The Olympic Federation of Ireland (OFI) has launched an online series addressing how gender equality can be achieved at leadership level in sport in the country.
The idea was born out of the OFI Gender Equality Conference, which was due to be held in Dublin on March 19 before it was cancelled because of the coronavirus crisis.
Throughout the four part series it is planned that leaders from the sporting arena, decision makers and influencers discuss their personal experiences and offer insights into how to ensure that sport is a gender inclusive environment.
Every Wednesday at 2pm television presenter and journalist Mark Cagney will discuss the area of gender balance in sport across four different themes - coaching, leadership, governance and portrayal, with the sessions lasting one hour.
Pre-registration is required for each session.
The aim of the series is to demonstrate the importance of having gender balance at decision making level and to provide concrete examples of how and why having this balance will benefit the wider sporting community.
The series is primarily aimed at Presidents, chief executives and the women in sport lead at OFI Member Federations.
A limited number of invitations were also made available for members of the media and other interested individuals working in the area.
The first edition of the series, which took place on Wednesday (July 8), focused on leadership within coaching structures and included case studies from some of Ireland’s biggest names at sports management level.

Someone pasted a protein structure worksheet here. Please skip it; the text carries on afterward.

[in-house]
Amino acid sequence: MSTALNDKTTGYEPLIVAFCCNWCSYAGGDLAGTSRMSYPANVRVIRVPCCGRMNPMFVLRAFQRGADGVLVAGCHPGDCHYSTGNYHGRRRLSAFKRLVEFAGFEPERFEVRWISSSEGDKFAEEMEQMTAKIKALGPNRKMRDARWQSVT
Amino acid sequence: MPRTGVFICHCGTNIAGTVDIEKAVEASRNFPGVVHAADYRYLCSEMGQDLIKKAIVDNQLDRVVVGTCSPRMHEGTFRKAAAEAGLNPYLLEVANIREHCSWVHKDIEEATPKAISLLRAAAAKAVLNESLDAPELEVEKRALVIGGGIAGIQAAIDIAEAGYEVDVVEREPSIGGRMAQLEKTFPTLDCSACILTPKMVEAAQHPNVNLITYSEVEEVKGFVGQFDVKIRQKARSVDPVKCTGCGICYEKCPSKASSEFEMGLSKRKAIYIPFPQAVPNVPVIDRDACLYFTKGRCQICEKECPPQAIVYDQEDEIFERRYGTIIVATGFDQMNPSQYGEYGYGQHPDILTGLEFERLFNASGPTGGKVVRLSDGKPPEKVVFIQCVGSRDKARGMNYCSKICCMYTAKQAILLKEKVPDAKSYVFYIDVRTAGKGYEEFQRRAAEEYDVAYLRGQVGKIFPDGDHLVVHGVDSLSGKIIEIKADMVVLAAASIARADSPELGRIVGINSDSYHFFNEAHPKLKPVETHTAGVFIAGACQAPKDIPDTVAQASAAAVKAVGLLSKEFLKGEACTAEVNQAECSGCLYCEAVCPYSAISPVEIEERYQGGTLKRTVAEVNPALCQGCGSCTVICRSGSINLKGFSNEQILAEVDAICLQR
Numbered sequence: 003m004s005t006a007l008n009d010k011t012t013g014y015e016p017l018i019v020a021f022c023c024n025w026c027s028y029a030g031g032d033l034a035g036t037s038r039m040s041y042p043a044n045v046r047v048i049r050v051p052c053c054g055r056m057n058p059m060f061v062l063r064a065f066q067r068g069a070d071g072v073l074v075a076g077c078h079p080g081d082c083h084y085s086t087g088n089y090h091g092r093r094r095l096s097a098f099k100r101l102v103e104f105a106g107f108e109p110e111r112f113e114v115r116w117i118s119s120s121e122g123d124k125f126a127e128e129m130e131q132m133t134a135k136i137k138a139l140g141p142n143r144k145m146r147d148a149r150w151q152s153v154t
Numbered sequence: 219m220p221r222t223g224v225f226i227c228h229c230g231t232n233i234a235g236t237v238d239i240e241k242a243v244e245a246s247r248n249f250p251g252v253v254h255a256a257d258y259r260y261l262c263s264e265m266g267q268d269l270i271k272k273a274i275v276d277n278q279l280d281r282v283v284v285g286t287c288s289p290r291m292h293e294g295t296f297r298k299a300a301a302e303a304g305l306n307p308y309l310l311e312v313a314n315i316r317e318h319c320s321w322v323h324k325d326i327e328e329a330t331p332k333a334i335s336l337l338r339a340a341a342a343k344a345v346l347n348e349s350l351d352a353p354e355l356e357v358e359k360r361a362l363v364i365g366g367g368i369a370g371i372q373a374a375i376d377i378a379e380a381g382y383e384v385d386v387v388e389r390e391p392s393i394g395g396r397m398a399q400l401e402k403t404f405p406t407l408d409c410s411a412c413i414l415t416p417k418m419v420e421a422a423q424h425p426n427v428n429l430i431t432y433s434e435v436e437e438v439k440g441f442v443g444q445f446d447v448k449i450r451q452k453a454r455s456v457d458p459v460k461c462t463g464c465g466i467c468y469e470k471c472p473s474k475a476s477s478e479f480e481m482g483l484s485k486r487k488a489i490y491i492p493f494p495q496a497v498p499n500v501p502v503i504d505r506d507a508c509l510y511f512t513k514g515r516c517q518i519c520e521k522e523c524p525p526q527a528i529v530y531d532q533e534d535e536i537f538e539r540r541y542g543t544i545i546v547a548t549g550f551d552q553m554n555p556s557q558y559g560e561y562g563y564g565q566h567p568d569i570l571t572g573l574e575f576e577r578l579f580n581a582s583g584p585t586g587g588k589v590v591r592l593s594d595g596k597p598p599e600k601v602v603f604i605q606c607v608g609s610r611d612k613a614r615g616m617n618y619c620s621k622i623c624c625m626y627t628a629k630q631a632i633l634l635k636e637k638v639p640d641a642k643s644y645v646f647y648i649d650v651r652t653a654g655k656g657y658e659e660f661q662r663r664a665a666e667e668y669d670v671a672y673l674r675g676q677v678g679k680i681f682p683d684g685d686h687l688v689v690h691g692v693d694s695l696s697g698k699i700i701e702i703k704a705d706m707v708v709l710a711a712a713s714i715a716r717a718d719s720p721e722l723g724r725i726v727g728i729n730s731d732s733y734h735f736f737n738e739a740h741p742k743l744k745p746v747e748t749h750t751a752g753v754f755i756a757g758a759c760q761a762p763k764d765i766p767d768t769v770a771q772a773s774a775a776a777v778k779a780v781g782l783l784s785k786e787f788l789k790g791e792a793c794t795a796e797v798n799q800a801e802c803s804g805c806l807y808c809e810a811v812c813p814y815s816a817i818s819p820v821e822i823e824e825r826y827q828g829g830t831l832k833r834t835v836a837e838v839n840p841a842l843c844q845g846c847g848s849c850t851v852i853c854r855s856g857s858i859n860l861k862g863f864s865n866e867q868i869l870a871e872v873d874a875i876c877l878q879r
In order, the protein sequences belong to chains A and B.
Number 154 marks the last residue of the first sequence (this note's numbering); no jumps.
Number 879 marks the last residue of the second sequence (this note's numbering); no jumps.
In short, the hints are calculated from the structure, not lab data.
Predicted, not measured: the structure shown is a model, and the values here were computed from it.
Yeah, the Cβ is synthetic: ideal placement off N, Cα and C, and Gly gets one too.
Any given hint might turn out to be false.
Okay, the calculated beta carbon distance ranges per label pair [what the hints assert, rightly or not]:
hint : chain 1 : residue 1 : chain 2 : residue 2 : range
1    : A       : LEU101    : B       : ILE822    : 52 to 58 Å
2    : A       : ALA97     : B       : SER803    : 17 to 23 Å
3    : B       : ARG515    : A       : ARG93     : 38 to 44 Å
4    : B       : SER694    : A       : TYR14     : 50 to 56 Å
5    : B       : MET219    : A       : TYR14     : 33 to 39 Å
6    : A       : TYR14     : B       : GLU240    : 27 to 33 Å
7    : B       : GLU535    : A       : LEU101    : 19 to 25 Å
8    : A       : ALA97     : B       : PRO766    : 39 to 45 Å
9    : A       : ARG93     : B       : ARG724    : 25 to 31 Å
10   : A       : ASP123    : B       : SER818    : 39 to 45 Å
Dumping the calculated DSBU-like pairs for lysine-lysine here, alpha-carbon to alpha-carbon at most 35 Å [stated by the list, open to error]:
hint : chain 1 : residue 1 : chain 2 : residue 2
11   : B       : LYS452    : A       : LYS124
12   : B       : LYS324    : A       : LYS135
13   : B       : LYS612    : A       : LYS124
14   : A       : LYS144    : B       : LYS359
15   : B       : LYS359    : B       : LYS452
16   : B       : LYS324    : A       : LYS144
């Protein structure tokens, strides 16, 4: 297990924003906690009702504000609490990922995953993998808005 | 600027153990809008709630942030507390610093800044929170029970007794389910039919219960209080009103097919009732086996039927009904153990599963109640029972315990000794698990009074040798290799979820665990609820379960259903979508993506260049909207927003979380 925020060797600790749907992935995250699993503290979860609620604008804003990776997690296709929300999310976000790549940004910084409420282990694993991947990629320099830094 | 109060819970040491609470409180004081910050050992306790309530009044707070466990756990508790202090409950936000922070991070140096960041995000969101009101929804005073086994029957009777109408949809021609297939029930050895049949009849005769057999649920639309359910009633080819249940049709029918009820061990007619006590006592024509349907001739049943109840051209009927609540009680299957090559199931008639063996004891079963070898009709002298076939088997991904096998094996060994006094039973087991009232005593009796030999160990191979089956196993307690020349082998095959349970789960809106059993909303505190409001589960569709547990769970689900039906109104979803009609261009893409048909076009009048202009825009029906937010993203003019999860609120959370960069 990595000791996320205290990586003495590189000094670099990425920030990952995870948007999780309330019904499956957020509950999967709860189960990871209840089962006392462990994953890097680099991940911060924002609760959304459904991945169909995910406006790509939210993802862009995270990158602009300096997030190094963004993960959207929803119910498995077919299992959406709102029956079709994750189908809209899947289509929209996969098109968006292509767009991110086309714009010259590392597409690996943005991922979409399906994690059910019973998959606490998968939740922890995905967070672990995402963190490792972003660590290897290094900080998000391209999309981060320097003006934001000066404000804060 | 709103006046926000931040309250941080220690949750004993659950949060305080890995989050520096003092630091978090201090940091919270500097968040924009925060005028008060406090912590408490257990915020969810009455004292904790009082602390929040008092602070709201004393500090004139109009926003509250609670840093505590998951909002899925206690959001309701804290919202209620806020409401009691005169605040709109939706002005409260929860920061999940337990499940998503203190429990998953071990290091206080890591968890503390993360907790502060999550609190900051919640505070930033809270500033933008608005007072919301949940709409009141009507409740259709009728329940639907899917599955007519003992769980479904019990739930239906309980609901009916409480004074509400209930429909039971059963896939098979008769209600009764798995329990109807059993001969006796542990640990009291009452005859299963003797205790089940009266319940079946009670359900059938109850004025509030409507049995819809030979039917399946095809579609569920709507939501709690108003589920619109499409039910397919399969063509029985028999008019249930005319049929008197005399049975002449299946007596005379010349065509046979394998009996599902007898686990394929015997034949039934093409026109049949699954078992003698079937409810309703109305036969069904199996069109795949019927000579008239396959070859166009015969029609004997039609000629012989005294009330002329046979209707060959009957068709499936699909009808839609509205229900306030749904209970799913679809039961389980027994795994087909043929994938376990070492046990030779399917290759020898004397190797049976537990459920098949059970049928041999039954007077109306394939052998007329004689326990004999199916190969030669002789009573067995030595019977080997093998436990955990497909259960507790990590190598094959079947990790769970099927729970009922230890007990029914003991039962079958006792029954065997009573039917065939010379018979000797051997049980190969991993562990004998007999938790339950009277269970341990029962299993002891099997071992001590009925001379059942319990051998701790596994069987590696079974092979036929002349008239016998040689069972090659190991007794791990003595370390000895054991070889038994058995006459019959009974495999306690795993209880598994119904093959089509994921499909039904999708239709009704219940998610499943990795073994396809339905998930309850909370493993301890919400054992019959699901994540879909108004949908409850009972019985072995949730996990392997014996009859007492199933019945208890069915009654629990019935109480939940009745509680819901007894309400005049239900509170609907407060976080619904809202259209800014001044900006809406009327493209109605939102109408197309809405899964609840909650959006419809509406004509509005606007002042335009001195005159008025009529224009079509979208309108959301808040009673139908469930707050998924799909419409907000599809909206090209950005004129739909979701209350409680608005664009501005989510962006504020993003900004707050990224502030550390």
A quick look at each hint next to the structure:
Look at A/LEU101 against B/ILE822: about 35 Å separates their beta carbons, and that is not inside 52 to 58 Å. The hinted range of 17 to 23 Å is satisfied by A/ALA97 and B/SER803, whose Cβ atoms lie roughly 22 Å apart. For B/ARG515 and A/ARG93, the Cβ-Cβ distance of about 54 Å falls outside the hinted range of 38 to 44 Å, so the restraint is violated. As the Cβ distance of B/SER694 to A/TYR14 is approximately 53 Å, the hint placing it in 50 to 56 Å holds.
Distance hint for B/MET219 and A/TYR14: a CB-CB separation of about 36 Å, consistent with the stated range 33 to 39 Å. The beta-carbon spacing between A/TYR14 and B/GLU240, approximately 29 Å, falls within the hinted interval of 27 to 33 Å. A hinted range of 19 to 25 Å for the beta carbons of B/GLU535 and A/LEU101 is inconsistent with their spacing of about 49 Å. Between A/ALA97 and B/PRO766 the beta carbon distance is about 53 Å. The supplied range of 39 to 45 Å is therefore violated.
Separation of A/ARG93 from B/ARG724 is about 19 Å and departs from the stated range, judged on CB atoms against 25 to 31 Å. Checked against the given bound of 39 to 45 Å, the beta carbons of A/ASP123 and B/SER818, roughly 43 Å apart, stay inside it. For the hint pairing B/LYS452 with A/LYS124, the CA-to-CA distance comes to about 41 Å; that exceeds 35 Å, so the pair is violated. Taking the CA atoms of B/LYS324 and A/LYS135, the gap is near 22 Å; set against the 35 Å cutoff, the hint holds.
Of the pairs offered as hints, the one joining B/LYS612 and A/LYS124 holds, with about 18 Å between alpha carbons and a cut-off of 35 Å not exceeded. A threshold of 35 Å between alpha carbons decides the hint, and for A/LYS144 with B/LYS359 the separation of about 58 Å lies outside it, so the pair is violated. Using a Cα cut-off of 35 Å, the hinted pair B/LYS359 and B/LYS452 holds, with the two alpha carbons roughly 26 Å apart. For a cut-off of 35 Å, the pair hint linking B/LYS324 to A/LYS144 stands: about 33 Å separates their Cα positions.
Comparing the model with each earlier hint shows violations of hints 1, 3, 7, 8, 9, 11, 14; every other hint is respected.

OFI Gender Equality in Sport Online Series - Sally Corscadden, Olympic Eventing Performance Director with Horse Sport Ireland discusses the importance of supporting athletes according to their own needs, regardless of their gender 💥 @HorseSportIRL @salcorscadden pic.twitter.com/FMgxv55X3x— Team Ireland (@TeamIreland) July 10, 2020
The speakers included Bernard Dunne, the former World Boxing Association super bantamweight world champion and now the high performance director at Irish Boxing.
Sally Corscadden, the eventing performance director for Horse Sport Ireland, and Sally Johnson, the the performance director at Gymnastics Ireland, were also on the panel.
The speakers were completed by Lisa Fallon, the Irish-born head coach of the London City Lionesses in the Football Association Women's Championship, the second tier of English football.
"It is important to have balanced and diverse viewpoints represented in all areas of Irish society and Irish sport," OFI President Sarah Keane said.
"This series focuses on gender equality at the leadership level in sport, and the purpose of the series is to use concrete examples of how organisational structures can be challenged and adapted to support all sportspeople.
"Tokyo 2020 will be the most gender balanced Olympic Games ever, with 48.5 per cent of the athletes being female, which is encouraging.
"The next step is to ensure that there is a balance across the leadership positions in sport, to make sure that more voices are represented.
"This series addresses gender equality specifically, but the same philosophies apply across all areas of equality, to ensure unbiased and a more inclusive community."